The national carrier Pakistan International Airlines (PIA) last week published advertisements in all leading newspapers in Pakistan looking for its next Chief Executive Officer (CEO). Among the qualifications required of applicants was expertise in warfare.

Whether it was the government’s interpretation of the need to address the airline’s relentless loss-making on a war footing, or a battle cry for one last shot at redeeming the flag carrier, the advertisement is being seen as the latest example of the Pakistan government’s negligence towards what it might take for PIA to recover.

For many experts, the airlines is beyond salvation. It has mustered a cumulative loss of over 365 billion Pakistani rupees [USD $2.63 billion], with current liabilities standing at over 400 billion rupees [USD $2.88 billion]. In comparison, its assets are reportedly worth a little over 100 billion rupees, and monthly operational losses are running at around two billion rupees.

Among many controversies affecting the airline, it recently banned in-flight entertainment for pilgrims traveling to Jeddah and Medina, declaring that it will only play Quranic verses and naats during such flights.

The decision was taken “in light of the peoples’ sentiments,” PIA spokesman Mashhood Tajawar told Press Trust of India.

Over-staffing causing problems

The primary cause of losses is said to be over-staffing. The airline currently has around 18,000 employees for an operating fleet of 32. Thus meaning over 550 workers per aircraft, which is, for example, over five times that of Air India. In 2016, PIA had the second highest number of employees per aircraft, behind Syrian Air.

This week, the incumbent CEO Air Marshal Arshad Mahmood Malik, confirmed that routes that have been generating the majority of losses will be shut down. However, this won’t even provide a stop gap solution for the airline, which was placed on the defaulters list by the Pakistan Stock Exchange last year.

Among those who see little point in the government investing in PIA is the airline’s CEO himself, and he knows the task is a daunting one.

“We are currently working on both long-term and short-term plans to revive PIA. But launching a new airline [would be] easier than salvaging PIA,” said Malik.

Given the losses that the airline has been relentlessly accumulating since 2005, its growing inability to sustain itself and the stock exchange reconfirming its default status, experts have urged the government to declare PIA bankrupt.

Declare bankruptcy or privatize?

The question of whether to declare bankruptcy or privatize PIA has gained further momentum due to Pakistan’s current state of economic crisis. It has prompted Islamabad to go on a borrowing spree to avoid a 13th bailout by the International Monetary Fund (IMF), as the rupee continues to hit new lows owing to a balance of payment crisis.

With the Tehrik-e-Insaf (PTI) government coming to power on a manifesto that included an austerity drive beginning with the government itself, calls to either declare bankruptcy or privatize the airline have increased.

Government insiders have told Asia Times that both options have been explored. One government official said: “Yes, those options have been considered, but we want to first ensure that all attempts for PIA’s revival are exhausted before that step is taken. Also, currently we have our hands full dealing with so many other crises, before we eventually come to PIA.”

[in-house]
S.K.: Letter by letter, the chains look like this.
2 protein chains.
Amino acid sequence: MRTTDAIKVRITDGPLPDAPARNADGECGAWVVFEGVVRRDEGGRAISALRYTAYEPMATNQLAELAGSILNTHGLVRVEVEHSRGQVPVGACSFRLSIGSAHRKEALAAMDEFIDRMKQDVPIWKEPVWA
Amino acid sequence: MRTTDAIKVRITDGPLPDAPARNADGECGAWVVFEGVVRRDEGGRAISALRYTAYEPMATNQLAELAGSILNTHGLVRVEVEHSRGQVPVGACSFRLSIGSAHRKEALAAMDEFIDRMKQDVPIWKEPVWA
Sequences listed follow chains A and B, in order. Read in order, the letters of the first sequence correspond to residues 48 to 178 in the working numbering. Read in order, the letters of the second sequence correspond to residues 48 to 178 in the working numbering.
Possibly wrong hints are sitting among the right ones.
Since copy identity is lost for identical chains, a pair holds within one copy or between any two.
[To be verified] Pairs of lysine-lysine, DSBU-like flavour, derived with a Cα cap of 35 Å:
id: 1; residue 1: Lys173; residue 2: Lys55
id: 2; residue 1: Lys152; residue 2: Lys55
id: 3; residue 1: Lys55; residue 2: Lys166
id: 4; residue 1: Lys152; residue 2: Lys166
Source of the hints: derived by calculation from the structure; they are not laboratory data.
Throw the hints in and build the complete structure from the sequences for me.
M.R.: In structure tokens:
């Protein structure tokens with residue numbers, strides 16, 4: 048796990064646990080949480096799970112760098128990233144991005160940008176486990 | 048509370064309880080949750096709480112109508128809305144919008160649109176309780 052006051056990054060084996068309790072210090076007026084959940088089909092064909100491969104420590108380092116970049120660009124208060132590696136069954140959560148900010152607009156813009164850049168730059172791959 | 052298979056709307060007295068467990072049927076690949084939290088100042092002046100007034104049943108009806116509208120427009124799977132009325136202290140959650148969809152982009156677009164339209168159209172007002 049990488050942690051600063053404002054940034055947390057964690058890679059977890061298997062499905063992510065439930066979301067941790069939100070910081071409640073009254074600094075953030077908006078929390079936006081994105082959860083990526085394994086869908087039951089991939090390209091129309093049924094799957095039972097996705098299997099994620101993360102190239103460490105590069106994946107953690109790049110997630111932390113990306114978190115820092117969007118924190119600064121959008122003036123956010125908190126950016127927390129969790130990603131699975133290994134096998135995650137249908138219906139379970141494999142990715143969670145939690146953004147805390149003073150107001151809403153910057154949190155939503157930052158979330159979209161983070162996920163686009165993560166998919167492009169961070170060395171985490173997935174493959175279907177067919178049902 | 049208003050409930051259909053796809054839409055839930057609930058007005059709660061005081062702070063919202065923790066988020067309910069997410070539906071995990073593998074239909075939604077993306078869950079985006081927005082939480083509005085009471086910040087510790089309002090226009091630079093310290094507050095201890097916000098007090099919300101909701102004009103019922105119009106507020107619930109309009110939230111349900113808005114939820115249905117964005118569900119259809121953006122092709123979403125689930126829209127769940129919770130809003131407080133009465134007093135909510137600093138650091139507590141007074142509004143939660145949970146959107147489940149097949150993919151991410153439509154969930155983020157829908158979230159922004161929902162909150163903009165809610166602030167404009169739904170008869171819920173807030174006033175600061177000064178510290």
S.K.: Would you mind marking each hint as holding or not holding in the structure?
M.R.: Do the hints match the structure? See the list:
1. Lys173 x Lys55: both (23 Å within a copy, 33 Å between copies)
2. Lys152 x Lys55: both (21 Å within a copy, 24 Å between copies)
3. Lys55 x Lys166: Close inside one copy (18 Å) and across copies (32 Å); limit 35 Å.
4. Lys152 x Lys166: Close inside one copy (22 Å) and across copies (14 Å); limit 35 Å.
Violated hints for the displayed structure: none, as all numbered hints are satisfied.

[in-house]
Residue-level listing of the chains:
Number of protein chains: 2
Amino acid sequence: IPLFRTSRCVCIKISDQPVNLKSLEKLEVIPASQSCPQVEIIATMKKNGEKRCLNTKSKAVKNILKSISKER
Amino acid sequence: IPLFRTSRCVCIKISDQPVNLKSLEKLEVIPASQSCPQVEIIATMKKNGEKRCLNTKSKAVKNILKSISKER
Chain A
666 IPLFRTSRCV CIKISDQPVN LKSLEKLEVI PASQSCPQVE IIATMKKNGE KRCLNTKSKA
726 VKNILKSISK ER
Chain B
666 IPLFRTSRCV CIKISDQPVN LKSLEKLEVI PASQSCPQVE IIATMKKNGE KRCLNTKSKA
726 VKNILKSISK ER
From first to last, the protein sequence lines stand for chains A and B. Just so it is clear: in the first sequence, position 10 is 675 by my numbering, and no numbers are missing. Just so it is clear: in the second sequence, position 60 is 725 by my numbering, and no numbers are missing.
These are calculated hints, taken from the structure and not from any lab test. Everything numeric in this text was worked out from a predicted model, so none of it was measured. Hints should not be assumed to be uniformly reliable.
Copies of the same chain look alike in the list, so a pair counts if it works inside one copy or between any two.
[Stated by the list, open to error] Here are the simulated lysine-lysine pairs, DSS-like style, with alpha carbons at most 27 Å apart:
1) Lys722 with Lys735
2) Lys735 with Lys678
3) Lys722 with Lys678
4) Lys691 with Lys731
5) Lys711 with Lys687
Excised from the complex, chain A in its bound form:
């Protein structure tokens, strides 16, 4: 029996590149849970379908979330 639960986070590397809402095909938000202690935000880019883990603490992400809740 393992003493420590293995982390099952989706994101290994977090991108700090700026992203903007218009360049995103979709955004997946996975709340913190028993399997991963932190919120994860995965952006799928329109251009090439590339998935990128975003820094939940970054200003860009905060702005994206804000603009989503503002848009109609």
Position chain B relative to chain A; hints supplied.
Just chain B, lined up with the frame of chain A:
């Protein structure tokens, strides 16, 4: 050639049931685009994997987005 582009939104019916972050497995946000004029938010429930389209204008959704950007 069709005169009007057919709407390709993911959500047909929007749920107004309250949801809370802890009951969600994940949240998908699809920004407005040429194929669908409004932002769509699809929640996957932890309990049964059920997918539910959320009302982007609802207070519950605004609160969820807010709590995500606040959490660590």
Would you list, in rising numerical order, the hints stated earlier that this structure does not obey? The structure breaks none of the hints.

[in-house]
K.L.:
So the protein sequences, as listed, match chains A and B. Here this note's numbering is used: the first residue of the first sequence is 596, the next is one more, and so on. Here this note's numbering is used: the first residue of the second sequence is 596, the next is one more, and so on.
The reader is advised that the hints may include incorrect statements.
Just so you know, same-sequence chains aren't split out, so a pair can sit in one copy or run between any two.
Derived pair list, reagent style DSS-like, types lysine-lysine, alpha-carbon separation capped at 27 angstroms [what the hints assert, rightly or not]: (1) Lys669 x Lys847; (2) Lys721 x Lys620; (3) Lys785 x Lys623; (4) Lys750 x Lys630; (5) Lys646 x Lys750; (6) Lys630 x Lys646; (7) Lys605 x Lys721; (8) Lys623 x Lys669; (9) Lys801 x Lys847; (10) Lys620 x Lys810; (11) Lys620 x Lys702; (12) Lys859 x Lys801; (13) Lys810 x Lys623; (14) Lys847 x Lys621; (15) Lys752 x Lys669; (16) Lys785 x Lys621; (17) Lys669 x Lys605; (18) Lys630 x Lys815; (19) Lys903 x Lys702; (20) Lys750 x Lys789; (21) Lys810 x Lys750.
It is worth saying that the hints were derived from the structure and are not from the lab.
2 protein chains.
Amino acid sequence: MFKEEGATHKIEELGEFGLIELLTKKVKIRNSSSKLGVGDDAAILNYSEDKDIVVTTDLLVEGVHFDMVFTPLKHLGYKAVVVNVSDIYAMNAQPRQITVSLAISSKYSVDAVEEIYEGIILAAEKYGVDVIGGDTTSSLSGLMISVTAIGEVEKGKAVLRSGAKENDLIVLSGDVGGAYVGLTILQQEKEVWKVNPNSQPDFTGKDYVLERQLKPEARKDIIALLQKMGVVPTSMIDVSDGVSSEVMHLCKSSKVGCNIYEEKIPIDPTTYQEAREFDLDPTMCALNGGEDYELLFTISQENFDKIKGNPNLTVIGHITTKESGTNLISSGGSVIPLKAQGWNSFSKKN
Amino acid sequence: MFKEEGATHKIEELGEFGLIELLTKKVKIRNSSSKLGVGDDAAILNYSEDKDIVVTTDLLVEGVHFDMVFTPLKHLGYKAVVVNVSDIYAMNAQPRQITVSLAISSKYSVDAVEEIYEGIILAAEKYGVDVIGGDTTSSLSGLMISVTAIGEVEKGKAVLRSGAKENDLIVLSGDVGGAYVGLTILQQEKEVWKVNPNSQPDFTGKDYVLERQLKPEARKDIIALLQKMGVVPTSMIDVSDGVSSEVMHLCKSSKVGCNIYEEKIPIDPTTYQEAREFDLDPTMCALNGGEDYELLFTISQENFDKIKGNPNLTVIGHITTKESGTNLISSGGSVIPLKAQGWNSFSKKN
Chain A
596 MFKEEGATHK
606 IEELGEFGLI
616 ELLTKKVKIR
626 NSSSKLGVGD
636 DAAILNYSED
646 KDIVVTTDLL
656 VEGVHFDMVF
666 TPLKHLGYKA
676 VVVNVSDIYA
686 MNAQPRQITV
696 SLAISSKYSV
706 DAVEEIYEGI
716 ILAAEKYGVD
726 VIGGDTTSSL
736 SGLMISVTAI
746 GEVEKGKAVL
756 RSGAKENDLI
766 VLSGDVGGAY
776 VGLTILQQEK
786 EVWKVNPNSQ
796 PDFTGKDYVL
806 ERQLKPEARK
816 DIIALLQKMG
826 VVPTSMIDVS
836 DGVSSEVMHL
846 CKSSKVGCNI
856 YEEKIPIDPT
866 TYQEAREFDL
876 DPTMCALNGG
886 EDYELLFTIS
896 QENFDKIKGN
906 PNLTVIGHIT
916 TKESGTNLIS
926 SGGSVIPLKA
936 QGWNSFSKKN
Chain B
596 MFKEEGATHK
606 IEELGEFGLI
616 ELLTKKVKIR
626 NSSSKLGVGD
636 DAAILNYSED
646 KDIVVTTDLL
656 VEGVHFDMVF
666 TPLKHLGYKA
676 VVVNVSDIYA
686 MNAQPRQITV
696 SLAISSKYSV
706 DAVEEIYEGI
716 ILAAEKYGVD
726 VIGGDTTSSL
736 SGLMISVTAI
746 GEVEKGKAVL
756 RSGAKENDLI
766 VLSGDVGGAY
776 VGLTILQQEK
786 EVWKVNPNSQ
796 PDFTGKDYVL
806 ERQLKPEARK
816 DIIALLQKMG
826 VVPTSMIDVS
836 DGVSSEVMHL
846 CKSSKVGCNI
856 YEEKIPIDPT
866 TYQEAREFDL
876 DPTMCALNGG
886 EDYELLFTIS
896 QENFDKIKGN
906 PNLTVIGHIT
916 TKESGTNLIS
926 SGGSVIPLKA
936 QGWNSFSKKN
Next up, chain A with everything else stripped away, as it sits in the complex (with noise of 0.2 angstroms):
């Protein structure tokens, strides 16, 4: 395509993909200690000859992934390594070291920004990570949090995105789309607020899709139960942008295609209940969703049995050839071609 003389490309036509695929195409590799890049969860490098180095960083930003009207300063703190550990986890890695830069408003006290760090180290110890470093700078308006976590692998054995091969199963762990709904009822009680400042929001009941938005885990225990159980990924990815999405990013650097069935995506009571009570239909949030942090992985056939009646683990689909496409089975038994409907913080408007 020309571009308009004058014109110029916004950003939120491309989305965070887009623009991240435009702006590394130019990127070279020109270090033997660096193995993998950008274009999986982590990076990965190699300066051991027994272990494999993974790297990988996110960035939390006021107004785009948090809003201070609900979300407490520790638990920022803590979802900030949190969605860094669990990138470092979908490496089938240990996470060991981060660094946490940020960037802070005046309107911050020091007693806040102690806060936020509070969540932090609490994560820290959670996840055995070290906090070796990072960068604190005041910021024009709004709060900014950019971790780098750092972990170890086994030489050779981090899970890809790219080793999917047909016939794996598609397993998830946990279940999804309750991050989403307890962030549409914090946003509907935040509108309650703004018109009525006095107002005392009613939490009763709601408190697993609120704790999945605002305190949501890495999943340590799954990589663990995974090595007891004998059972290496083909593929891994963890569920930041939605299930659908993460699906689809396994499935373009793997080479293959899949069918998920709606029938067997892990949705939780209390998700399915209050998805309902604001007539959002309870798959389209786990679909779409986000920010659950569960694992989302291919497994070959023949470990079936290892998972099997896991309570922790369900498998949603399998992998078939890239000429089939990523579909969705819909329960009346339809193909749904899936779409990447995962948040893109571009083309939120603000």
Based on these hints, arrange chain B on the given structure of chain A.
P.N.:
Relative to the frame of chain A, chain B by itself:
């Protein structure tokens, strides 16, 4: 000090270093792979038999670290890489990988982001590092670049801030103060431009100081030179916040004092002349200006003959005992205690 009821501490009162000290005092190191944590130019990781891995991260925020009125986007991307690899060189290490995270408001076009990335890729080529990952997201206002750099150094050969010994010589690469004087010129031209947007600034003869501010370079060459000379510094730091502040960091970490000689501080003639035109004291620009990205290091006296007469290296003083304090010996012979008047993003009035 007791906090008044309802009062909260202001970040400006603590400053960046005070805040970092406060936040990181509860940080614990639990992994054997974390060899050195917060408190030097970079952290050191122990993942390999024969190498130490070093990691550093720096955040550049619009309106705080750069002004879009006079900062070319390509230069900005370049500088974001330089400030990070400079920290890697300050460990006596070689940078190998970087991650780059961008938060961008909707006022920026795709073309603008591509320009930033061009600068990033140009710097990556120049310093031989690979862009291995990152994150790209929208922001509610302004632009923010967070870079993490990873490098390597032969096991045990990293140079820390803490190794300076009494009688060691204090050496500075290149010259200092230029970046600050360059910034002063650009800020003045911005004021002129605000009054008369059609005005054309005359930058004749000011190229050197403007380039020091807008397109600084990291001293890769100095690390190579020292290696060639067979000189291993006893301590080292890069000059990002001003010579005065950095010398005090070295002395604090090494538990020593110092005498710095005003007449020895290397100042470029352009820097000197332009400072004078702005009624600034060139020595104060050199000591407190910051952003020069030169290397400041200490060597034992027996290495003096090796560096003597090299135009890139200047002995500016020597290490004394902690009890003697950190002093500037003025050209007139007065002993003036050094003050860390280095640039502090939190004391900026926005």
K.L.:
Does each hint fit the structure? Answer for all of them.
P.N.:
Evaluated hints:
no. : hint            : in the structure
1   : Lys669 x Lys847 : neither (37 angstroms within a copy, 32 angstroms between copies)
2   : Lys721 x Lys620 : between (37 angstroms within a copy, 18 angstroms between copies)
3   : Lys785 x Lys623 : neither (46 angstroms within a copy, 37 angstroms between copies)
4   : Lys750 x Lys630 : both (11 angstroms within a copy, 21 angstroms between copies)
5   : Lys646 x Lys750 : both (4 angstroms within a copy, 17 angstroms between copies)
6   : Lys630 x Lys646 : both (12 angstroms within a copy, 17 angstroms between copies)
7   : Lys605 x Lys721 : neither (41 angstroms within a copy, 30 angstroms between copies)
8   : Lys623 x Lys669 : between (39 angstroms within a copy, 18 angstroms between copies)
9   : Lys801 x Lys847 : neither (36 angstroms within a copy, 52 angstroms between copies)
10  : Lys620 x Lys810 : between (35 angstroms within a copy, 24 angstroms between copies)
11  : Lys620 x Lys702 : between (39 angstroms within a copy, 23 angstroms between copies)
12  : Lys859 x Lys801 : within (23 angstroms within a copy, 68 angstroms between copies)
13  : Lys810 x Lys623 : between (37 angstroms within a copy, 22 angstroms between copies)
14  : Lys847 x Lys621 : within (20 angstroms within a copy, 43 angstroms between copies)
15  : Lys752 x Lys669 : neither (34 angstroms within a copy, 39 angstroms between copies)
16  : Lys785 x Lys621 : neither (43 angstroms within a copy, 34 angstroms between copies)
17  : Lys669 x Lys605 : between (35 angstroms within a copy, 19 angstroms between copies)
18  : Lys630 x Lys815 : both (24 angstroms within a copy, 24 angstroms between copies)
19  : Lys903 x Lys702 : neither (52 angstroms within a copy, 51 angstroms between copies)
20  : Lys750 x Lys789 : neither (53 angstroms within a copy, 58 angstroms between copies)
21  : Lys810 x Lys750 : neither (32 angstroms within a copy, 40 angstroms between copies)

Similar claims have been made by those who were at the helm of the previous government. Former Finance Minister Rana Afzal Khan maintains that the previous Pakistan Muslim League-Nawaz (PML-N) government was ready to privatize PIA.

“But we faced political resistance in the shape of the opposition parties. Also, we were engrossed in tackling other challenges which were terrorism and the energy [crisis].” he told Asia Times.

In January 2016, the PIA Corporation (Conversion) Bill 2015 was passed by the National Assembly. It resulted with members of the opposition walking out to distance themselves from the move saying that the bill was going to be shot down by the Senate.

Following the passage of the bill in the National Assembly, PIA employees staged protests against privatization plans, halting airline operations and eventually resulting in clashes with security officials which killed two protesters.

“After the protesters were killed, we had to drop the idea. But yes, the issue should’ve been given due importance. Our privatization ministry under-performed,” confesses Khan.

PIA insiders reveal that the status of currently employed workers is the biggest hindrance in the government’s bid to privatize the airlines. This has been made especially hard with workers’ groups becoming allied to various political parties, resulting in the national carrier’s future becoming hostage to politics, within the company and in parliament.

Former Finance Minister Salman Shah said that such political patronage is harming the national airlines and the exchequer. “What is needed is political will. If the matter continues as they are no one will have to declare PIA bankrupt, it will do so itself. It’s only the removal of government subsidy away from formalizing bankruptcy,” he says.

Shah maintains that the only way to save PIA is to run it as a commercial outfit. “Given the strong competition in the industry, [PIA] needs to function as a commercial airline, which needs cost-cutting measures, a professional management and a rational road map.”